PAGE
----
MEMORIAL DAY TRIBUTE – The “Forgotten Front” of WWII

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MEMORIAL DAY TRIBUTE – The “Forgotten Front” of WWII

Inspired by a war-scarred field of bright red poppies that he saw in the spring of 1915, Canadian Soldier Lt. Col. John McCrae wrote the powerful poem “In Flanders Fields.” With fewer than 100 words, McCrae honored the lives lost in World War I and spurred a timeless movement of using the poppy as a symbol of remembrance within the military community.

More than 645,000 have lost their lives in service to our country since World War I. Today, more than 100 years since the end of the war, we have a profound opportunity this Memorial Day weekend to remember their ultimate sacrifice with a moment of silence, a reverent act, or a thoughtful gesture of thanks.

In honor of this Memorial Day, I penned an Op-Ed that I submitted to a dozen newspapers around the country. I hope it will be a blessing to you and yours as you take a moment to remember.

The “Forgotten Front” of World War II

Memorial Day

Walt Larimore


Ask the average person what that means, and they’ll mention something about Normandy. But did you know the men on the Southern Front of the European Theater of Operations (ETO) had five D-Days? All were amphibious landings on the shores of French Morocco; Sicily; Salerno, Italy; Anzio, Italy; and Southern France.

When I ask people to name the first European capital liberated by the Allies, the most common answer is, “Paris.” That occurred in August 1944, almost 12 weeks after the Southern soldiers liberated Rome on June 4-5, 1944. Unfortunately, news about Rome’s emancipation was buried by the Normandy invasion on June 6. Newsrooms rushed to replace front-page stories recounting the battles to free Rome with even larger headlines about Normandy. From that moment on, the Southern Front became, in essence, the “Forgotten Front.”

Another case in point: many have heard of the Northern Army’s horrific Battle of Hürtgen Forest throughout the fall and winter of 1944, but few remember the arguably more gruesome and arduous battles fought in the Vosges Mountains simultaneously. In three months of ferocious fighting in severe conditions, the Southern Front G.I.s accomplished what no army in warfare had ever done before—conquer an enemy defending the Vosges Mountains—and in winter no less!

Most know about the Northern Front’s monumental Battle of the Bulge, but almost no one remembers the fierce and potentially more disastrous Battle of the Colmar Pocket and its decisive Battle at La Maison Rouge—waged in some of the worst winter wartime conditions ever recorded. Historian Stephen Ambrose wrote, “It was fought in conditions so terrible that they can only be marveled at, not really imagined.” He added, “Only those who were there can know. More than once in interviewing veterans of the January fighting, men involuntarily shivered when I asked them to describe the cold.”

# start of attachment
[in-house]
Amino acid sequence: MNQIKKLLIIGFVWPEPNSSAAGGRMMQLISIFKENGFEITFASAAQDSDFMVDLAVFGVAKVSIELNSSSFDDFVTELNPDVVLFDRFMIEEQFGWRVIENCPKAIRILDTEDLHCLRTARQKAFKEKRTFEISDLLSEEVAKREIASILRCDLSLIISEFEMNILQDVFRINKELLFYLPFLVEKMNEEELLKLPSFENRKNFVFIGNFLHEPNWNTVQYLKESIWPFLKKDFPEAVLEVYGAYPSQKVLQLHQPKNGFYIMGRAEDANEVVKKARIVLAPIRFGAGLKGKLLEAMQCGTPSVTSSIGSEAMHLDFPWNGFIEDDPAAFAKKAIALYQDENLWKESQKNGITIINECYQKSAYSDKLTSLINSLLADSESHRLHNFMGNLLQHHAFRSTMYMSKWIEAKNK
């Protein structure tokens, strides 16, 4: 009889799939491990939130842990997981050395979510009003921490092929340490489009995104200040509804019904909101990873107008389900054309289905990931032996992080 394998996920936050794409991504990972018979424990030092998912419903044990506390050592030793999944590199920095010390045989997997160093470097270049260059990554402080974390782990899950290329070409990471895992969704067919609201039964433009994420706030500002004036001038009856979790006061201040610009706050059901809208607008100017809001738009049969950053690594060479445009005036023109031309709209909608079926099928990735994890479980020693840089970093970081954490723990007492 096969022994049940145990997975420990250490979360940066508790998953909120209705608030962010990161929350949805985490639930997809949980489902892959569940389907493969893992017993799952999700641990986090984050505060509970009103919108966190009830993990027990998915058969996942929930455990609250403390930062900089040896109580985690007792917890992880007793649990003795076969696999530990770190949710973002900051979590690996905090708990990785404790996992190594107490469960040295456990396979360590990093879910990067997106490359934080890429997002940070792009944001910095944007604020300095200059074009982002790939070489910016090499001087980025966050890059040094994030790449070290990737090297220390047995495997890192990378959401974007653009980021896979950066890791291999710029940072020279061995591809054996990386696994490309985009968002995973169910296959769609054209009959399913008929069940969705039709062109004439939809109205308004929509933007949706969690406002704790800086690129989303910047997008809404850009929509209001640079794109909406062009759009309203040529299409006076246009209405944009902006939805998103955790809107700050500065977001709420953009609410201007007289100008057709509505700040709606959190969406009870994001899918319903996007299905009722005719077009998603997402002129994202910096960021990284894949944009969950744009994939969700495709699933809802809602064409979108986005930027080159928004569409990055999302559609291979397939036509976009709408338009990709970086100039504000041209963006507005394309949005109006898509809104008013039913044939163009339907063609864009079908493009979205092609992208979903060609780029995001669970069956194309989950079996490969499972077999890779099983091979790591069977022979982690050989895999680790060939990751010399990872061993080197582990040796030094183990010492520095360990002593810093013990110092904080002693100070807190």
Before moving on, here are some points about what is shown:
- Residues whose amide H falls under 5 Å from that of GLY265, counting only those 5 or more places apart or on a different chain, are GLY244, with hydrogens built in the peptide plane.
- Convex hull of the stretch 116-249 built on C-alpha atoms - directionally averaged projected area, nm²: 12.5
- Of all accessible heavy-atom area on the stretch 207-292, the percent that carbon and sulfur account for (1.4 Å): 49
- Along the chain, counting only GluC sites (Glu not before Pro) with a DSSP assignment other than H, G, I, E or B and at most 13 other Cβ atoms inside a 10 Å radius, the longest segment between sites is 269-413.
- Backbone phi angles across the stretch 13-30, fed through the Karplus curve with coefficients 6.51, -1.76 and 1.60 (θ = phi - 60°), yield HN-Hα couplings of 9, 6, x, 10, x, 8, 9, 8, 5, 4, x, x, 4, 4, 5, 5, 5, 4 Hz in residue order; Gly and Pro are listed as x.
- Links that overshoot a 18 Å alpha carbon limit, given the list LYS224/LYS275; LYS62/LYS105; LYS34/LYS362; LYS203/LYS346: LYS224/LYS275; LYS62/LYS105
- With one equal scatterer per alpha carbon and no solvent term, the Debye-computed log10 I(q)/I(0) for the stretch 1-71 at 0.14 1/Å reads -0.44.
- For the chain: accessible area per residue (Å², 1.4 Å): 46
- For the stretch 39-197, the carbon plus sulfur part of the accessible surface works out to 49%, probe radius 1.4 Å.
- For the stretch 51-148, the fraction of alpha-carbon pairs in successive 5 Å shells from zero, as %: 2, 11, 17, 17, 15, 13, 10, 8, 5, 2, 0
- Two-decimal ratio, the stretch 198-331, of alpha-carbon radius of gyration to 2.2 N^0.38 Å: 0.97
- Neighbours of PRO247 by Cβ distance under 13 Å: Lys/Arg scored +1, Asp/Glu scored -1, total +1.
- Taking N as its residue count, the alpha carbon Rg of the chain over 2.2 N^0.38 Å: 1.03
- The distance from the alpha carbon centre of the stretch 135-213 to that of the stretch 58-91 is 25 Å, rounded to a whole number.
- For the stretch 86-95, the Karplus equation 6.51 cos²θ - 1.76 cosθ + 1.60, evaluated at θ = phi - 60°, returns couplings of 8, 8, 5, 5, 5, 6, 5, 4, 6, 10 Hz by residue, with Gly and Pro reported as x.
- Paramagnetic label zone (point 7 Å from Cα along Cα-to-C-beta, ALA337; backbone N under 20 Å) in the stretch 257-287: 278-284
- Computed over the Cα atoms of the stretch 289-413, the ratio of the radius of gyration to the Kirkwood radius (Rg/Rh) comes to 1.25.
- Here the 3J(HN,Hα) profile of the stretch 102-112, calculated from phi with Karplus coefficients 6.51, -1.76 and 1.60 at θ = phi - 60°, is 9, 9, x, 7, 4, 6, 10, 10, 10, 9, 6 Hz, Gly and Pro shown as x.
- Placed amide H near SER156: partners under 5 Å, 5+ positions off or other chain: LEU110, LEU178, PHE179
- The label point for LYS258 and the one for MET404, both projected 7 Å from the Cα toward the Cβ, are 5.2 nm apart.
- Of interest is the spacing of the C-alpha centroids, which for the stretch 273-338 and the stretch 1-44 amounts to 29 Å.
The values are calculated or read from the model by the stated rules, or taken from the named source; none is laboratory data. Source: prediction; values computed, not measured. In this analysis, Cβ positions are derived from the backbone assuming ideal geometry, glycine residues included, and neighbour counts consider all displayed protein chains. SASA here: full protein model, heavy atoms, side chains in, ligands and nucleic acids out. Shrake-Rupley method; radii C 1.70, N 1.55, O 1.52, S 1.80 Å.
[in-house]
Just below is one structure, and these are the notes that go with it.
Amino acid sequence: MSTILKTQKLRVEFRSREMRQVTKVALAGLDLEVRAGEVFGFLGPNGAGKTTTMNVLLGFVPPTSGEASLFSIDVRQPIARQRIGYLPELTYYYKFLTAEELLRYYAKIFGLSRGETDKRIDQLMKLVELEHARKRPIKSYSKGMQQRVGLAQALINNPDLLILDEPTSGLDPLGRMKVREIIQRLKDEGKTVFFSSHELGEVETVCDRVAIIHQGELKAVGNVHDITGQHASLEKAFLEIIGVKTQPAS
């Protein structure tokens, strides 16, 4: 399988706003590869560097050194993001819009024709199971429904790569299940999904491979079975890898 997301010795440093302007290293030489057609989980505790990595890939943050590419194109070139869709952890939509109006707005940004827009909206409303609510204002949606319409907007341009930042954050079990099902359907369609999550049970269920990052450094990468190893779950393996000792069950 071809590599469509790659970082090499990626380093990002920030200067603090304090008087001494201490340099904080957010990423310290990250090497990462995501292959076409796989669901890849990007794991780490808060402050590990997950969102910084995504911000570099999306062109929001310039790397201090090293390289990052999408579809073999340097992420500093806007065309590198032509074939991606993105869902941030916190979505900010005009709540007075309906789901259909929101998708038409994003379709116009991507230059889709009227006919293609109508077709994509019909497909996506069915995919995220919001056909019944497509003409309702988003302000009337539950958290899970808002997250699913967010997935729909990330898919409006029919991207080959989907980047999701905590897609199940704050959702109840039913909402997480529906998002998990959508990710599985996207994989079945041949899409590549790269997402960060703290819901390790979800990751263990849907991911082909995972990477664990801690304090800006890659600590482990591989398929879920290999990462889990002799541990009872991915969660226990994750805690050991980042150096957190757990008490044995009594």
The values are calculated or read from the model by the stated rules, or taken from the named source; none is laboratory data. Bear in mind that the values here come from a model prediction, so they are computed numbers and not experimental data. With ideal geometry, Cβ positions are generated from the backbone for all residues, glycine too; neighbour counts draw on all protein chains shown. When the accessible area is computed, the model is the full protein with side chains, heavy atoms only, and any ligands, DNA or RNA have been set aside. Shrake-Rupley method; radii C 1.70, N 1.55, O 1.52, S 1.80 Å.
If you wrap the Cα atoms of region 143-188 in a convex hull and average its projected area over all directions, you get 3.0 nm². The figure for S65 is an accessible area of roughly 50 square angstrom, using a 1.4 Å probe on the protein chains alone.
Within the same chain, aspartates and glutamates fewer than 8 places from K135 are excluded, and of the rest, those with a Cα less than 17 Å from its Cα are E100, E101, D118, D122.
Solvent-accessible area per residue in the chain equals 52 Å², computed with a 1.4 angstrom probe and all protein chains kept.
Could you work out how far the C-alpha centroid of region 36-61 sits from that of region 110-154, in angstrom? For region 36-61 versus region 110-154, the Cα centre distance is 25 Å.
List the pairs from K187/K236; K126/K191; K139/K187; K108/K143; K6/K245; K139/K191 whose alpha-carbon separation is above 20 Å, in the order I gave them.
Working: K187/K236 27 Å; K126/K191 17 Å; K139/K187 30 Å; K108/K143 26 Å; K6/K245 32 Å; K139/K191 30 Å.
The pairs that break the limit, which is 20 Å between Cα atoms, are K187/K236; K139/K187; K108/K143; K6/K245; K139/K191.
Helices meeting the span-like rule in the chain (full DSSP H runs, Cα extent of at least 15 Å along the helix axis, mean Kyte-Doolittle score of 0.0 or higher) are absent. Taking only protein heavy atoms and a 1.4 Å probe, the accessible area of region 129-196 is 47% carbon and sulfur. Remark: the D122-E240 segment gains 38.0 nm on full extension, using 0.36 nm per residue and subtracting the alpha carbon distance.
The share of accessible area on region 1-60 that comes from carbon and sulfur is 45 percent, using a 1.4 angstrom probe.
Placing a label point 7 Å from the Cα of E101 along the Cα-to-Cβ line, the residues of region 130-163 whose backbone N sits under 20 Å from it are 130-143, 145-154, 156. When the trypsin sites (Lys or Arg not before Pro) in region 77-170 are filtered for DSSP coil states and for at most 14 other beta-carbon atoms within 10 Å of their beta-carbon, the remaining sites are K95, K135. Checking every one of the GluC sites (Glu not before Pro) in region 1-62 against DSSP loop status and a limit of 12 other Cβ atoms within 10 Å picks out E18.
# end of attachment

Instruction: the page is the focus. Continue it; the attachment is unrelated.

The Northern Front doughboys fought 336 days (June 6 to May 8) while on the Southern Front, the 3rd Infantry Division slogged a long, bloody 913 consecutive days (531 combat days) to reach V-E Day in Salzburg, Austria, and was the only American Division that fought the Nazis on fronts in North Africa (Morocco, Algeria, Tunisia) and Europe (Sicily, Italy, France, Germany, Austria). The 3rd had more casualties than any other division during the entire war—nearly 35,000, more than twice the original strength of the division. They hold the record for high combat citations, with no fewer than 29 Medals of Honor. When German Field Marshal Albert Kesselring was asked, “What was the best American division faced by troops under your command?”, without hesitation, he placed the 3rd at the top.

General Lucian K. Truscott, Jr.

Lieutenant General Lucian K. Truscott, Jr., who commanded the Southern Front, said, “Officers and men under my command established records that were not equaled by others in this war and have not been excelled in any other to my knowledge. In large measure, these magnificent accomplishments … passed without full recognition”—and have been forgotten for almost eighty years.

The front-line men and their brothers-in-combat faced and conquered fear, heartbreak, dread, chaos, stench, casualties, wounds, and unimaginable opposition. Many times, they faced battles they feared would end in inevitable defeat or certain death. They sacrificed the daily comforts most consider essential. Those that returned to the home front savored each new day, each breath, in a new way. They knew their many friends in battle who had left their all on the altar of war—who had sacrificed their tomorrows—had allowed them and us to live—truly live—for all their and our todays.

All our military men and women deserve to be remembered and honored on Memorial Day—especially those who gave the ultimate sacrifice. But it’s long overdue to have a special shout-out for those who sacrificed their lives on the Southern Front.

So, as we celebrate our continued liberty and freedom on this Memorial Day, my hope and prayer are that the heroes who fought and died on the Southern Front will be forgotten no longer.

And, as General Truscott advised, “We cannot look back to them if we do not look forward to the future for which they fought—and died.” Let’s honor their sacrifices by preserving and protecting the freedom and liberty they died to bequeath to each of us.

Walt Larimore, a Colorado-based physician, and best-selling author spent significant parts of the last 16 years studying the “Forgotten Front” of Northern Africa and Southern Europe in World War II while researching his book, At First Light: A True World War II Story of a Hero, His Bravery, and an Amazing Horse. The book was released by Knox Press in April.


© Copyright WLL, INC. 2024.


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